by Tami Sollo, LCSW, Coordinator, Divorce Specialty Center
For a family, going through the complex stages of divorce they often experience similar losses to those associated with the death of a loved one. Elisabeth Kubler-Ross introduced us to her five stages of grief decades ago to help make sense of the grief process. They are Denial, Anger, Depression, Bargaining and Acceptance. The loved one in the case of divorce is the marriage and the family’s hope for the future. One of the differences in most cases is that all of the involved parties are still alive. So what happens when you are asked to continue your relationship with your ex-spouse in order to raise your children together? What do you do when every interaction with your ex-spouse involves emotional warfare? How do you handle it when you barely have enough energy to get out of bed and take a shower, but you still have to go to work, pick up the dry cleaning, help the kids with their homework, make dinner and have a conversation with your ex about whether or not Suzy should be allowed to go to the high school dance?
In the state of Illinois, the divorce statutes have been modified to move toward a shared parenting model. The old custody model often gave the mother the lion’s share of parenting responsibility. As more and more households have required two working parents, fathers have taken on much more responsibility for their children’s needs. Mental Health professionals believe that in most cases, an equally close, satisfying and healthy relationship with both parents is in the best interest of the children of divorce. In this ideal scenario, parents never talk negatively about the other, they support their child’s relationship with the other parent and the parents (who are divorced by the way), communicate effectively and never use their children as messengers. Obviously, this is where it gets pretty complicated.
Parents that have completed their Parenting Plan through Mediation perhaps are more familiar with conflict negotiation. However, Mediation’s purpose is to end the marriage, not improve communication skills. Often the co-parenting relationship will take on many of the same dysfunctional interactional components present in the marriage. The same triggers that caused the communication difficulties are still present. This is especially true when parents have gone through a messy, litigated divorce. Most parents want what’s best for their children. It’s easy to understand the concept of shared responsibility and open communication, but not always easy to accomplish.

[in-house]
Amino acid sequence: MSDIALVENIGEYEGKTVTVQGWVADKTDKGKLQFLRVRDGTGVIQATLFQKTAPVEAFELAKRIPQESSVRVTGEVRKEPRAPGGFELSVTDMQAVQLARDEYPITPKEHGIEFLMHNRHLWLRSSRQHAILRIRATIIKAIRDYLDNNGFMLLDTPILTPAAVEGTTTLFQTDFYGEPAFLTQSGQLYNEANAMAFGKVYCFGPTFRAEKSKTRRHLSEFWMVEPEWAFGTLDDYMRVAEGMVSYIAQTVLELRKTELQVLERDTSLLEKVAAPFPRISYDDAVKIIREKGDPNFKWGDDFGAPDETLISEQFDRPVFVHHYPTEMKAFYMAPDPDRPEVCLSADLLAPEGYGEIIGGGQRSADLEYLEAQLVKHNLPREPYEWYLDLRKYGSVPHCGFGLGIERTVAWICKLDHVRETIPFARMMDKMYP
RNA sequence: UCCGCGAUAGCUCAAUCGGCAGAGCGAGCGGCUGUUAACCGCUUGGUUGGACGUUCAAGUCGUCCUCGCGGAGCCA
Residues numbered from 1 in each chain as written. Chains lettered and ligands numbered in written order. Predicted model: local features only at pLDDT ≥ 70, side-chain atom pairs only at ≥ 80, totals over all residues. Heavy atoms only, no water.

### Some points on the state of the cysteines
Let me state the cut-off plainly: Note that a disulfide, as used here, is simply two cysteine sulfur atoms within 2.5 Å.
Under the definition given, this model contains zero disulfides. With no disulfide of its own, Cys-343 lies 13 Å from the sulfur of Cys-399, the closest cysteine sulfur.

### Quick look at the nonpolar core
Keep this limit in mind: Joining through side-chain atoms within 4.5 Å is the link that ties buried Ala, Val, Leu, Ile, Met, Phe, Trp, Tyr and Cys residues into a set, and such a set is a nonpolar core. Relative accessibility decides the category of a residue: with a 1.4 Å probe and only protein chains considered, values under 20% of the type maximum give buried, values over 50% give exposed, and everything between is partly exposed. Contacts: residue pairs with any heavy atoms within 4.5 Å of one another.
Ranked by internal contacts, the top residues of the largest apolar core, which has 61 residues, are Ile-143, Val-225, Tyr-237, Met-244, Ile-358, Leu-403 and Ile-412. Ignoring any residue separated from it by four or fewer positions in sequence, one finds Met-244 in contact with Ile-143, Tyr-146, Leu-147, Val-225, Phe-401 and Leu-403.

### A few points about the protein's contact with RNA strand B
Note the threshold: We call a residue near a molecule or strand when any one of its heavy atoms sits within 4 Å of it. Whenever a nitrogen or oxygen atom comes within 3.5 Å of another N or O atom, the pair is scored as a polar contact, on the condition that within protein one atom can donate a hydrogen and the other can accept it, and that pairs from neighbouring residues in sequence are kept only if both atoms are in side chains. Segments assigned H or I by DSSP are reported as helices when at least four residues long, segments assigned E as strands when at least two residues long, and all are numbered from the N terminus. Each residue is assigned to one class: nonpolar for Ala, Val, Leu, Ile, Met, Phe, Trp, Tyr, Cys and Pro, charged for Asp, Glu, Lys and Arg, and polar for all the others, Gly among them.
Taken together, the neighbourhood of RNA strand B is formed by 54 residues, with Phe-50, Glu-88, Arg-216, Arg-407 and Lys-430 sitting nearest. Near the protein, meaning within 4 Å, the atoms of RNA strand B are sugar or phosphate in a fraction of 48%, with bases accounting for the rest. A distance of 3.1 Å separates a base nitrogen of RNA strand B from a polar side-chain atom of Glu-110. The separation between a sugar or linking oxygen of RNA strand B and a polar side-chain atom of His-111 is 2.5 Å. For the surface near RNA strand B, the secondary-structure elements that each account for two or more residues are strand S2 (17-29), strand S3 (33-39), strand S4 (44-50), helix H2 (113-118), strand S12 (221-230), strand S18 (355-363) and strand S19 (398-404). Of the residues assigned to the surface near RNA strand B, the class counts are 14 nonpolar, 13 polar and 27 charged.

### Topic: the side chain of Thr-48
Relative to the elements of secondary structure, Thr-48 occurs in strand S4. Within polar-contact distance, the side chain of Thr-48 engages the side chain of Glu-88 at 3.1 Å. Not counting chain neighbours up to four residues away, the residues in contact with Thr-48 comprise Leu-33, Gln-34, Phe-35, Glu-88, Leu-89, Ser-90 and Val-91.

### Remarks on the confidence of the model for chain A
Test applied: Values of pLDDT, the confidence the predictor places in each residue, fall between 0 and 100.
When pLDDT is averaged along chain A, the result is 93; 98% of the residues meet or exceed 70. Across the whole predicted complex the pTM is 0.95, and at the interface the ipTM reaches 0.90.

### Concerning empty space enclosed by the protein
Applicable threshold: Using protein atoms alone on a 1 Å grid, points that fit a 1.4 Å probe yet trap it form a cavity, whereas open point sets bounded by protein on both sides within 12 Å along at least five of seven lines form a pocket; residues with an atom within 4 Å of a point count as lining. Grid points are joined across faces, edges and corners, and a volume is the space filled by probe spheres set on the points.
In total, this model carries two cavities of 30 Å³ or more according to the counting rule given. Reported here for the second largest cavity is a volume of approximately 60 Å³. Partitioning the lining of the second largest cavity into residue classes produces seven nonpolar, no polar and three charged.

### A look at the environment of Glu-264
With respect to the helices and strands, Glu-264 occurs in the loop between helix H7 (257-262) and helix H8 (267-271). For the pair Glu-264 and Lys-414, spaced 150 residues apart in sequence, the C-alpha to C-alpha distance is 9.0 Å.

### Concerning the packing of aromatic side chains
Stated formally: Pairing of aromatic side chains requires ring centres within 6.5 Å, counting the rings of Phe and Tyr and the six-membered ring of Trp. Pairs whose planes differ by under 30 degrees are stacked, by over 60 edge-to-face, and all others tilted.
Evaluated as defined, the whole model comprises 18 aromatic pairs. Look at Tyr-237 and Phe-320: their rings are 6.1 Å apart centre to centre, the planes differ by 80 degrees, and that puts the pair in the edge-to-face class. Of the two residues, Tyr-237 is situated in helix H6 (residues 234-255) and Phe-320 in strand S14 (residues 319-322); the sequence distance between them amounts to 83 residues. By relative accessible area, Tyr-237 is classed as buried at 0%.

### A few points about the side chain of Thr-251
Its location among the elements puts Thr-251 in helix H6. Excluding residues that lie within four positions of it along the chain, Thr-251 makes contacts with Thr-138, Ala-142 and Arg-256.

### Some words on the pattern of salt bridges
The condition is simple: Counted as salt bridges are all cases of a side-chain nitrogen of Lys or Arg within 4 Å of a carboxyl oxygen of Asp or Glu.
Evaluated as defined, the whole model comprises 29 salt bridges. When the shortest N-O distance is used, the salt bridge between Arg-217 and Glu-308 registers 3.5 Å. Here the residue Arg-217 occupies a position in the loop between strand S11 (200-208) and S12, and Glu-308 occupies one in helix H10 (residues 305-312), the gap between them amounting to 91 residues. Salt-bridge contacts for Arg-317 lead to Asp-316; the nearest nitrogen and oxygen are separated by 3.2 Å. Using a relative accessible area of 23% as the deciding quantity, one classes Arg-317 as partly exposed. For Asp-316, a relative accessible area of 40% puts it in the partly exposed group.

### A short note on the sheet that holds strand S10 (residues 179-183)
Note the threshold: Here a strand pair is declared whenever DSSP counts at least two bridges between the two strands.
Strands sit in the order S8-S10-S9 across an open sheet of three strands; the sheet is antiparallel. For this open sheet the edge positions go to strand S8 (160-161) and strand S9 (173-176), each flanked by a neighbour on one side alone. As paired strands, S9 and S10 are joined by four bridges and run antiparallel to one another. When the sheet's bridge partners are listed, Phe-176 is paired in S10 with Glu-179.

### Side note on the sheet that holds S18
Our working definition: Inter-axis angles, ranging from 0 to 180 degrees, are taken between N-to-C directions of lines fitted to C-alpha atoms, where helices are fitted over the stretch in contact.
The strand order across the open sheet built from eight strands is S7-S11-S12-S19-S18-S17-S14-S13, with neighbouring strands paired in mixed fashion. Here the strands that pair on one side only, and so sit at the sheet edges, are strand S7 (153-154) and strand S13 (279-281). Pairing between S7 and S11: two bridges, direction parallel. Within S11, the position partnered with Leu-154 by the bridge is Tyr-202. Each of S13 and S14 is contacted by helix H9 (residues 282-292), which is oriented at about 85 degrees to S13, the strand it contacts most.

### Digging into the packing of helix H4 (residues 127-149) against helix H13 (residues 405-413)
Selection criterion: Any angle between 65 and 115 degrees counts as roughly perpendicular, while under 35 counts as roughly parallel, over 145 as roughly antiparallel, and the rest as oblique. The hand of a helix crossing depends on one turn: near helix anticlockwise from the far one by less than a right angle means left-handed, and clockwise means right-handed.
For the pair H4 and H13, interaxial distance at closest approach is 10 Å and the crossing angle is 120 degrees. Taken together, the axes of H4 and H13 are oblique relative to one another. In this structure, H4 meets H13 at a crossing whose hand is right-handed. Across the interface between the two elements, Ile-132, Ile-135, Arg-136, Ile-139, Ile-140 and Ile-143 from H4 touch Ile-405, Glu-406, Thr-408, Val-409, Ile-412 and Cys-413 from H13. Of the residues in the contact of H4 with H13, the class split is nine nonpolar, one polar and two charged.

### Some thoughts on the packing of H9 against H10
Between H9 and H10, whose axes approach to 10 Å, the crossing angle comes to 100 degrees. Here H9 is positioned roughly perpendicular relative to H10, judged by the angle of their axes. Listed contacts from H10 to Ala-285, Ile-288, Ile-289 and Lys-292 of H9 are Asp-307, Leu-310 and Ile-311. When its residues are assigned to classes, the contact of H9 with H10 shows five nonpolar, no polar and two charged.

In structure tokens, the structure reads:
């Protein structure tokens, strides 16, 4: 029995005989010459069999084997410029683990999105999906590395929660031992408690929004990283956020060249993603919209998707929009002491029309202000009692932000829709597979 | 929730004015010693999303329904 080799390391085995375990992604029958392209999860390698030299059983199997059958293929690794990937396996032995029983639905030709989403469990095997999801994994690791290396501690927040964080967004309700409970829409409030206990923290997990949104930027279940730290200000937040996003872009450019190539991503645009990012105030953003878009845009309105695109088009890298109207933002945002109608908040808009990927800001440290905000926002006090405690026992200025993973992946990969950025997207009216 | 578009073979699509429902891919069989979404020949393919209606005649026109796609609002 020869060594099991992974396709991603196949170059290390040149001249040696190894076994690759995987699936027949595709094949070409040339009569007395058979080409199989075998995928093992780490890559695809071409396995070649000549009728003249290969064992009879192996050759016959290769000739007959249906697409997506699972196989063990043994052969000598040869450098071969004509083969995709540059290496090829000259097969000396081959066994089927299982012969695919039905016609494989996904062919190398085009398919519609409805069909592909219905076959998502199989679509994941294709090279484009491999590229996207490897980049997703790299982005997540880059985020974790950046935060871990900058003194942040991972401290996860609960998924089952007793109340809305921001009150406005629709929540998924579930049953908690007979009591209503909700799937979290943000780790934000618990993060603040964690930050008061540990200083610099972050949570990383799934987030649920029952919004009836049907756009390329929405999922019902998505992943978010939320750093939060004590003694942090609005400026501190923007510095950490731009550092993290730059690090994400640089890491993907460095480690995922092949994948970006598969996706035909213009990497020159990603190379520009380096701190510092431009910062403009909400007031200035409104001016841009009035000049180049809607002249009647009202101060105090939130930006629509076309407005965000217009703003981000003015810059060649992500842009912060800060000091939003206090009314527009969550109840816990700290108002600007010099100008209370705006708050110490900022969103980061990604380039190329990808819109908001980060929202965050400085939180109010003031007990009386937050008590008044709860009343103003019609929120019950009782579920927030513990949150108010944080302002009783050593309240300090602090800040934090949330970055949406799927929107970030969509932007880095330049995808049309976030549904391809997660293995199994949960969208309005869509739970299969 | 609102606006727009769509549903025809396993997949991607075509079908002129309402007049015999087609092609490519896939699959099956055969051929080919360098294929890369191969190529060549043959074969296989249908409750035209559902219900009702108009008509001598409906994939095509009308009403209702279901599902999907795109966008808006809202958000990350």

Open communication is essential to a successful shared parenting experience. Communication can be electronic, or in person, but what is most important is that both parents provide consistency and predictability for their children. Young children can be adversely affected by the unpredictability that arises when parents don’t communicate well. So, how do you learn to do this with a partner with whom you are now divorced? The answer may be found in conflict negotiation theory. Finding shared interests for a couple creating a Parenting Plan is a way to move people from separate agendas to a shared agenda. Therefore in co-parenting therapy, one of the first tasks of the therapist is to find mutual interests that the parents can agree on. For example, both parents may share the interest of providing their child with a good education. They just may not agree on what constitutes a good education. It is the therapist’s job to discover how each parent defines their hopes for their child’s education. There may be commonalities that can be utilized to come to a shared agreement.
Many divorced parents have developed triggers for one another that escalate emotions. It is difficult, if not impossible to communicate once your ability to listen has shut down. This is most likely what happened during the marriage. It would be cumbersome to rework the relationship and eliminate the trigger buttons. However, it is possible to help parents recognize when they are being triggered, and to develop skills that lessen the impact of those triggers.
Sometimes parents are so worried about their children, financial concerns and interactions with their ex-spouse that they forget about taking care of themselves. We all know that we can’t take care of others unless we take care of ourselves, but sometimes our own needs during this time of crisis get lost in the shuffle. Remember that you and your ex are very important role models for your children. How you handle yourself during this time is what your children see and will likely shape their own behavior as they mature. It is essential to have your own support systems in place so that you don’t lean on your children for support. You need to have a place where you can process your thoughts and feelings, and release your anger about your ex-spouse, separate from your children.
The Divorce Specialty Center at JCFS Chicago provides a Co-Parenting program that combines conflict negotiation and therapeutic techniques. It is a ten to twelve session program that can help assist separated or divorced parents to improve communication skills and focus on their children’s welfare. If you have any questions about the program or other services provided through the Divorce Specialty Center, please contact Tami Sollo at 847.412.4347, or call JCFS Chicago at 855.275.5237.